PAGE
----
The equivalence of realizable and agnostic learnability is a fundamental phenomenon in learning theory. With variants ranging from classical settings like PAC learning and regression to recent trends such as adversarially robust and private learning, it's surprising that we still lack a unified theory; traditional proofs of the equivalence tend to be disparate, and rely on strong model-specific assumptions like uniform convergence and sample compression. In this work, we give the first model-independent framework explaining the equivalence of realizable and agnostic learnability: a three-line blackbox reduction that simplifies, unifies, and extends our understanding across a wide variety of settings. This includes models with no known characterization of learnability such as learning with arbitrary distributional assumptions or general loss, as well as a host of other popular settings such as robust learning, partial learning, fair learning, and the statistical query model. More generally, we argue that the equivalence of realizable and agnostic learning is actually a special case of a broader phenomenon we call property generalization: any desirable property of a learning algorithm (e.g.\ noise tolerance, privacy, stability) that can be satisfied over finite hypothesis classes extends (possibly in some variation) to any learnable hypothesis class.

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Simon S. Du, Sham M. Kakade, Jason D. Lee, Shachar Lovett, Gaurav Mahajan, Wen Sun, Ruosong Wang

This work introduces Bilinear Classes, a new structural framework, which permit generalization in reinforcement learning in a wide variety of settings through the use of function approximation. The framework incorporates nearly all existing models in which a polynomial sample complexity is achievable, and, notably, also includes new models, such as the Linear $Q^*/V^*$ model in which both the optimal $Q$-function and the optimal $V$-function are linear in some known feature space. Our main result provides an RL algorithm which has polynomial sample complexity for Bilinear Classes; notably, this sample complexity is stated in terms of a reduction to the generalization error of an underlying supervised learning sub-problem. These bounds nearly match the best known sample complexity bounds for existing models. Furthermore, this framework also extends to the infinite dimensional (RKHS) setting: for the the Linear $Q^*/V^*$ model, linear MDPs, and linear mixture MDPs, we provide sample complexities that have no explicit dependence on the explicit feature dimension (which could be infinite), but instead depends only on information theoretic quantities.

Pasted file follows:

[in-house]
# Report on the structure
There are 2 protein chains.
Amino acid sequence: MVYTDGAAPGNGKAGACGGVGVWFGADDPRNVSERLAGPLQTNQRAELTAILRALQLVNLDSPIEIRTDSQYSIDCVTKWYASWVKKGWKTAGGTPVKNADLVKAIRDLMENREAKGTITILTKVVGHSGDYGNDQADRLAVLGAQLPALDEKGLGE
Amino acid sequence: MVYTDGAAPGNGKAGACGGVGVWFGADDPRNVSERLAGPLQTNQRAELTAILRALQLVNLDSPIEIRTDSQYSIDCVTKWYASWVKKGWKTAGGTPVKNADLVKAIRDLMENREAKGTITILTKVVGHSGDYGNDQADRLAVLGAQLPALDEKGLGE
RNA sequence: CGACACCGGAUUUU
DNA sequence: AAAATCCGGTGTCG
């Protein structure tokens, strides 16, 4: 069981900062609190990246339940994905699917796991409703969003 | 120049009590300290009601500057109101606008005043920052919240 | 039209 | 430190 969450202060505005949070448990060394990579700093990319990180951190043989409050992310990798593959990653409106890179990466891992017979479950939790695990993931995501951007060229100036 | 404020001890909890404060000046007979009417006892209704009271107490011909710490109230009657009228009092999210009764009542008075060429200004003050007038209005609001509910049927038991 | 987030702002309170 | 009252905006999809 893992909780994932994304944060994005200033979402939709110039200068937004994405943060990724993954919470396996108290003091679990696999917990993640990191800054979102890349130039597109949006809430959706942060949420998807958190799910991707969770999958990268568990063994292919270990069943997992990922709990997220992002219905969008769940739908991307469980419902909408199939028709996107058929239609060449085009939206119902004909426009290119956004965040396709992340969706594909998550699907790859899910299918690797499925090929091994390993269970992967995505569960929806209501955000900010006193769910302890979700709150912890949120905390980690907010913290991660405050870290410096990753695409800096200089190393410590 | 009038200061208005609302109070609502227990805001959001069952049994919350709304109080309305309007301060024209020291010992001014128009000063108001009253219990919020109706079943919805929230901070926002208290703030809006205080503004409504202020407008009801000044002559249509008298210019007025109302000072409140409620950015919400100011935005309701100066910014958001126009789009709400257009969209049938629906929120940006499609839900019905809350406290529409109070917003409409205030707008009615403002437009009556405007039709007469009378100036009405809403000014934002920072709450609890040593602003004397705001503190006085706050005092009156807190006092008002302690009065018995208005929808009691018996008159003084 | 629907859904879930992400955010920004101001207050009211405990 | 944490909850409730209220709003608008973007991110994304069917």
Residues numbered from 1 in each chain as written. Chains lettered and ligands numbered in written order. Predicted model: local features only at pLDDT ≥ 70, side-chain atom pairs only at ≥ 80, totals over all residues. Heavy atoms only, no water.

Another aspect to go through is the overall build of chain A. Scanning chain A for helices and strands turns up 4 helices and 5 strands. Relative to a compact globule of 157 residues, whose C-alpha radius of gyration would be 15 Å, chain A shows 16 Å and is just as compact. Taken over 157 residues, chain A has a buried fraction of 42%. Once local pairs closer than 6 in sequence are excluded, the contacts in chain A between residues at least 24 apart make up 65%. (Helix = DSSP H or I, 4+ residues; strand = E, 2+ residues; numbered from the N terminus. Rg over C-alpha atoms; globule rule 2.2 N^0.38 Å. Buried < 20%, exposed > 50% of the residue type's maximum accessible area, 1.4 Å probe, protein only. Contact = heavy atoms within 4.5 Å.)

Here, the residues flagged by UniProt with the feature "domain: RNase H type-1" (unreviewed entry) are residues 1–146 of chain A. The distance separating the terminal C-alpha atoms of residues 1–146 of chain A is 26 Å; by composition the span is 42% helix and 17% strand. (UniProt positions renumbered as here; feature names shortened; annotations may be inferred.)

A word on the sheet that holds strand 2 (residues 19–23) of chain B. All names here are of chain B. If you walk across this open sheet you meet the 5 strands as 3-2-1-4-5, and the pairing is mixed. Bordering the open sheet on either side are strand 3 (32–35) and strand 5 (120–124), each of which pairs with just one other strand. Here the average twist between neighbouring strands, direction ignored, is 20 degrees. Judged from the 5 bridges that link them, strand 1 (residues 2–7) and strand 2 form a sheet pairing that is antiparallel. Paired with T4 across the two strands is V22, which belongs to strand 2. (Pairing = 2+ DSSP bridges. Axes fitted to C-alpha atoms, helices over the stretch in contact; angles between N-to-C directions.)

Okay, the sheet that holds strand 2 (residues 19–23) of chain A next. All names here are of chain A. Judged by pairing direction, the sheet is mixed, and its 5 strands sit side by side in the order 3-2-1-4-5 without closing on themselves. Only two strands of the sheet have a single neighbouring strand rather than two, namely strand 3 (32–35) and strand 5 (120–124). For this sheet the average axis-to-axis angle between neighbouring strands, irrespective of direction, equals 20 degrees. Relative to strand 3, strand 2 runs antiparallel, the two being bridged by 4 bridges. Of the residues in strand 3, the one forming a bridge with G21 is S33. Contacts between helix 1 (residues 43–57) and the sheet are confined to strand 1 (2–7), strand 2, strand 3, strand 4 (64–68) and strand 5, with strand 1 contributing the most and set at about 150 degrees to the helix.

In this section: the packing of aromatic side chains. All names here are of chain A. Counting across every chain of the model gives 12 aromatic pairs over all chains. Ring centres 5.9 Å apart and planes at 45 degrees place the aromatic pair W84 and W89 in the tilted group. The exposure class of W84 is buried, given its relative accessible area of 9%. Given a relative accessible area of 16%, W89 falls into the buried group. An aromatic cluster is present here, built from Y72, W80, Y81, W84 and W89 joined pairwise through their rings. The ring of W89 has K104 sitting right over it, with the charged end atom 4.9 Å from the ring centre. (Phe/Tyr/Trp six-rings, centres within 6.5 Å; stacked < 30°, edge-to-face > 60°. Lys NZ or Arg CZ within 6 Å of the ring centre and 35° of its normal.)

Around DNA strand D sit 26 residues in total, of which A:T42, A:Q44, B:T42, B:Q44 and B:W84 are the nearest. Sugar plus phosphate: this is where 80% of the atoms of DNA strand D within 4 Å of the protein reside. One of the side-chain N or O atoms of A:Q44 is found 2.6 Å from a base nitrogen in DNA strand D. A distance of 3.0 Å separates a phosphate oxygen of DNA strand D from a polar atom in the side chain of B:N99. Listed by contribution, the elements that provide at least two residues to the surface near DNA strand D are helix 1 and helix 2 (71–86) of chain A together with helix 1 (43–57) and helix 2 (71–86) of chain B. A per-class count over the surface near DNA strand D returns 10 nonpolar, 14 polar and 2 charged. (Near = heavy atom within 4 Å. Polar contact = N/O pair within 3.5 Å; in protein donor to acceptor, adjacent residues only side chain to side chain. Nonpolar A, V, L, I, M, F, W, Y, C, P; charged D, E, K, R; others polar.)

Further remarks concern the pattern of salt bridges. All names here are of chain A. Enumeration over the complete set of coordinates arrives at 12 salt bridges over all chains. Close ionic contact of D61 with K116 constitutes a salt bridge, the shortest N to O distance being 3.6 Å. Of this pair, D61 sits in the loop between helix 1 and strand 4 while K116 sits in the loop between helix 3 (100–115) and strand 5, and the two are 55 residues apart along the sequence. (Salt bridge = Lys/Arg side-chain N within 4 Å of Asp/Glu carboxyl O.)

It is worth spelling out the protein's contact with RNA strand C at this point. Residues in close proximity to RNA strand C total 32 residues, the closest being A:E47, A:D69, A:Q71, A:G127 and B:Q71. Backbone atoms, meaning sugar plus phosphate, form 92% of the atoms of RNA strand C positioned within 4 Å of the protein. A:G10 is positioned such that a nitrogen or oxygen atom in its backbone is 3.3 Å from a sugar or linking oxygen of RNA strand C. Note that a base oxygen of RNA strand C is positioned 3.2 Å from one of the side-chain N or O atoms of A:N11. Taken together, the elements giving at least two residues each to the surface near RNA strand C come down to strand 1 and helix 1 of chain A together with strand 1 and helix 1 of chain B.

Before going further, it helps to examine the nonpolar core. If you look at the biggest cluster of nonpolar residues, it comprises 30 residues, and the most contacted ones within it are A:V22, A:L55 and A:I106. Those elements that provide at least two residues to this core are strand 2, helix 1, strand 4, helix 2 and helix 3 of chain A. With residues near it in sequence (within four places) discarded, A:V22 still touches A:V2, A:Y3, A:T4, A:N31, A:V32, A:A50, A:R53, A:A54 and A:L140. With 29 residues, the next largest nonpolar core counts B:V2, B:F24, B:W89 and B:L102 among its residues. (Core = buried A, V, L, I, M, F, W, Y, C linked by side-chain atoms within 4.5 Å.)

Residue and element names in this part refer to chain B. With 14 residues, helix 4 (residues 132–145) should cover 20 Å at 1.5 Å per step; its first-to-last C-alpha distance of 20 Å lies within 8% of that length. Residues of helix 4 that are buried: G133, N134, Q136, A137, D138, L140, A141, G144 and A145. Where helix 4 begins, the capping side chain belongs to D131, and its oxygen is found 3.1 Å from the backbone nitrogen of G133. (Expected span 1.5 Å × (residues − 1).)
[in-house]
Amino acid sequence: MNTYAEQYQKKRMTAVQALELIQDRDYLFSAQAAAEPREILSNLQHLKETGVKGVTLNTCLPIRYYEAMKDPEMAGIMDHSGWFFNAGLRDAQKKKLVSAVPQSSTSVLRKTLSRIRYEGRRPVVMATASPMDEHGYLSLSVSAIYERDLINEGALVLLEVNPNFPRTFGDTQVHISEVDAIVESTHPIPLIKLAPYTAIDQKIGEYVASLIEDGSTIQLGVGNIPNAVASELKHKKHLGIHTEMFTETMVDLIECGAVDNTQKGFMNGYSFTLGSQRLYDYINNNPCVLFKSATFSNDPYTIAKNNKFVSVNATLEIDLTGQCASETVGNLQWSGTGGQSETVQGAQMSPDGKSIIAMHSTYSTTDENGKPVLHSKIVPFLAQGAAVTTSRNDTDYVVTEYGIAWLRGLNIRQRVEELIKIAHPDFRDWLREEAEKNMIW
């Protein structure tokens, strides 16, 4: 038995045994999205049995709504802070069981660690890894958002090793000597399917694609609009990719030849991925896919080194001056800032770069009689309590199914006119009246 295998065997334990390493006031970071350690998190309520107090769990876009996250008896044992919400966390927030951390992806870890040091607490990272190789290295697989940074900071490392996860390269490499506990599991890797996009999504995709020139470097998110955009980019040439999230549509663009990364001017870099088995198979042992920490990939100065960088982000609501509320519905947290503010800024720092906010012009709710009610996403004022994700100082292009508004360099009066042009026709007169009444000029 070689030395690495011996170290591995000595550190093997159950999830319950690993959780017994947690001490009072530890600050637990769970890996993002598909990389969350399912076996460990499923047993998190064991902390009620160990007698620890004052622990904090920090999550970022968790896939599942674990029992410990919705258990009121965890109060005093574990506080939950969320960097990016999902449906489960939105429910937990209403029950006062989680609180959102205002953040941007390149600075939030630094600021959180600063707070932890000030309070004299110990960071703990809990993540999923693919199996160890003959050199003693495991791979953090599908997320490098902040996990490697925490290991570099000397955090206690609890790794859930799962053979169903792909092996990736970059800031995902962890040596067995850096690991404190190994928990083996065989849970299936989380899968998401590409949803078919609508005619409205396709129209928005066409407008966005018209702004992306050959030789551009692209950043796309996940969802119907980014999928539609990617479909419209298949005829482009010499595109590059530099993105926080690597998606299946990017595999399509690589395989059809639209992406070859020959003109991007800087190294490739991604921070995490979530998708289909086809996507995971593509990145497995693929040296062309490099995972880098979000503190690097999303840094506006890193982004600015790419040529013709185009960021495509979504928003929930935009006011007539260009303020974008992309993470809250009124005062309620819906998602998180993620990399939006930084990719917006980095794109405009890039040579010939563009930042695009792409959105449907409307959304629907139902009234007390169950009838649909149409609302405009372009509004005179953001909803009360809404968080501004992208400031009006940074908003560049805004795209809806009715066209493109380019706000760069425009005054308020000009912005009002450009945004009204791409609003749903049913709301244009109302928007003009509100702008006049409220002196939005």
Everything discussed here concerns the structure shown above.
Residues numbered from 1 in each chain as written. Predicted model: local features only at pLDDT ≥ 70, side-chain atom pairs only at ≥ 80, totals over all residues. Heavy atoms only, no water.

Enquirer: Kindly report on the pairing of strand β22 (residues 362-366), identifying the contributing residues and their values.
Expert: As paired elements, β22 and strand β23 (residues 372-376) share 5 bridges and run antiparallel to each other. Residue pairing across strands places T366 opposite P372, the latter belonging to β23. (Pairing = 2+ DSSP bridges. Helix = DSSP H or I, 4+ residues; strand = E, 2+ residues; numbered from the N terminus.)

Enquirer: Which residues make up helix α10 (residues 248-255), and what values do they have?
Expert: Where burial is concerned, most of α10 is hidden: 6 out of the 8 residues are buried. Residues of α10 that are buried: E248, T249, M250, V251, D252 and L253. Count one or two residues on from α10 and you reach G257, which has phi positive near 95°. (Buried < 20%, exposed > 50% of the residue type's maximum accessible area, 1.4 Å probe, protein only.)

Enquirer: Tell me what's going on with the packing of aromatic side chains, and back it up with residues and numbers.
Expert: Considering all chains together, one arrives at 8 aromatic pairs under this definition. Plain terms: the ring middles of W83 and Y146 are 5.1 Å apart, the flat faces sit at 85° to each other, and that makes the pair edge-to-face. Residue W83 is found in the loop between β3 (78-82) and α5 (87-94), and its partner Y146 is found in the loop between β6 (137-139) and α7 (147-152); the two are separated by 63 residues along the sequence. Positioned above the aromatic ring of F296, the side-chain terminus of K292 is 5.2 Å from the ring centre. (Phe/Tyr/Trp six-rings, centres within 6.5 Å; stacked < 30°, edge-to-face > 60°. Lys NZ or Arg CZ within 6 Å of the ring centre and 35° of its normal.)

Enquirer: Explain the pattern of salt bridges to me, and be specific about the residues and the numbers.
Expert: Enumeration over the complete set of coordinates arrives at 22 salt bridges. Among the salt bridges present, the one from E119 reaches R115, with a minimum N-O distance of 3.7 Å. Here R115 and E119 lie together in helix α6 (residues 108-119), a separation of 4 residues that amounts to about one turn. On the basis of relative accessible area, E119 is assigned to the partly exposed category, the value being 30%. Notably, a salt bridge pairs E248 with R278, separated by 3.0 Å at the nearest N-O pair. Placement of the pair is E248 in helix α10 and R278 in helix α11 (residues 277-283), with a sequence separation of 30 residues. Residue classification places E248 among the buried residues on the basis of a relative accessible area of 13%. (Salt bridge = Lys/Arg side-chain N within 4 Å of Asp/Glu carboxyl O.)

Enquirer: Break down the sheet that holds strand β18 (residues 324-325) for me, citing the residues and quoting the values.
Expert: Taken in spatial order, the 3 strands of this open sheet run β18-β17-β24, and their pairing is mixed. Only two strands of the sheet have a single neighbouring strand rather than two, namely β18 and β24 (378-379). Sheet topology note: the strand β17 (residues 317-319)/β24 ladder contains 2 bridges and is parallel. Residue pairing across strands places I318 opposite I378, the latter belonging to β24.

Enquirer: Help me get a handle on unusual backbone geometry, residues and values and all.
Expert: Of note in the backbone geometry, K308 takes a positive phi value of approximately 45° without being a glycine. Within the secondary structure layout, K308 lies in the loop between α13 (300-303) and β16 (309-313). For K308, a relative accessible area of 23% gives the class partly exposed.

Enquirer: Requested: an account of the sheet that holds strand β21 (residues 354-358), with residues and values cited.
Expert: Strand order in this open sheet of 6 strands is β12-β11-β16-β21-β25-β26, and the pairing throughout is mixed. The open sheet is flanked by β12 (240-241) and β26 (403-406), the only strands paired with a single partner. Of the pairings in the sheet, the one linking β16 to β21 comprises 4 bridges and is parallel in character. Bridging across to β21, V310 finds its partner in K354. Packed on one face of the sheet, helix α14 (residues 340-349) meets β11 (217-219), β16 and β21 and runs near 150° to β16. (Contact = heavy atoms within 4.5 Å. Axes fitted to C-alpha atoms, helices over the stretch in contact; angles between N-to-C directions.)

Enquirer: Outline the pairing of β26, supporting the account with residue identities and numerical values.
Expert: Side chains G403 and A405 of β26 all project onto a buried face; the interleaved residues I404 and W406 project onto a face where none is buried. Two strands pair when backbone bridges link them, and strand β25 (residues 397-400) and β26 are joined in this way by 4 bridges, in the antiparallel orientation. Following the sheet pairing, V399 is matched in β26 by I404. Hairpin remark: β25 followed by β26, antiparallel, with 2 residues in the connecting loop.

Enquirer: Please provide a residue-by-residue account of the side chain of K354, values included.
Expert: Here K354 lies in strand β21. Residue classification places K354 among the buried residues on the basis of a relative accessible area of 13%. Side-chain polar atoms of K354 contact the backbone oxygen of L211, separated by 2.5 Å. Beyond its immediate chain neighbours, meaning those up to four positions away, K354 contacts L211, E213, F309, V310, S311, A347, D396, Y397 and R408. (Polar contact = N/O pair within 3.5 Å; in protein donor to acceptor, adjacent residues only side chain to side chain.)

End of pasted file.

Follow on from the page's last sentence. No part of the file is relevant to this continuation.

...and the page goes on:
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Max Hopkins, Daniel M. Kane, Shachar Lovett, Gaurav Mahajan

Given a finite set $X \subset \mathbb{R}^d$ and a binary linear classifier $c: \mathbb{R}^d \to \{0,1\}$, how many queries of the form $c(x)$ are required to learn the label of every point in $X$? Known as \textit{point location}, this problem has inspired over 35 years of research in the pursuit of an optimal algorithm. Building on the prior work of Kane, Lovett, and Moran (ICALP 2018), we provide the first nearly optimal solution, a randomized linear decision tree of depth $\tilde{O}(d\log(|X|))$, improving on the previous best of $\tilde{O}(d^2\log(|X|))$ from Ezra and Sharir (Discrete and Computational Geometry, 2019). As a corollary, we also provide the first nearly optimal algorithm for actively learning halfspaces in the membership query model. En route to these results, we prove a novel characterization of Barthe's Theorem (Inventiones Mathematicae, 1998) of independent interest. In particular, we show that $X$ may be transformed into approximate isotropic position if and only if there exists no $k$-dimensional subspace with more than a $k/d$-fraction of $X$, and provide a similar characterization for exact isotropic position.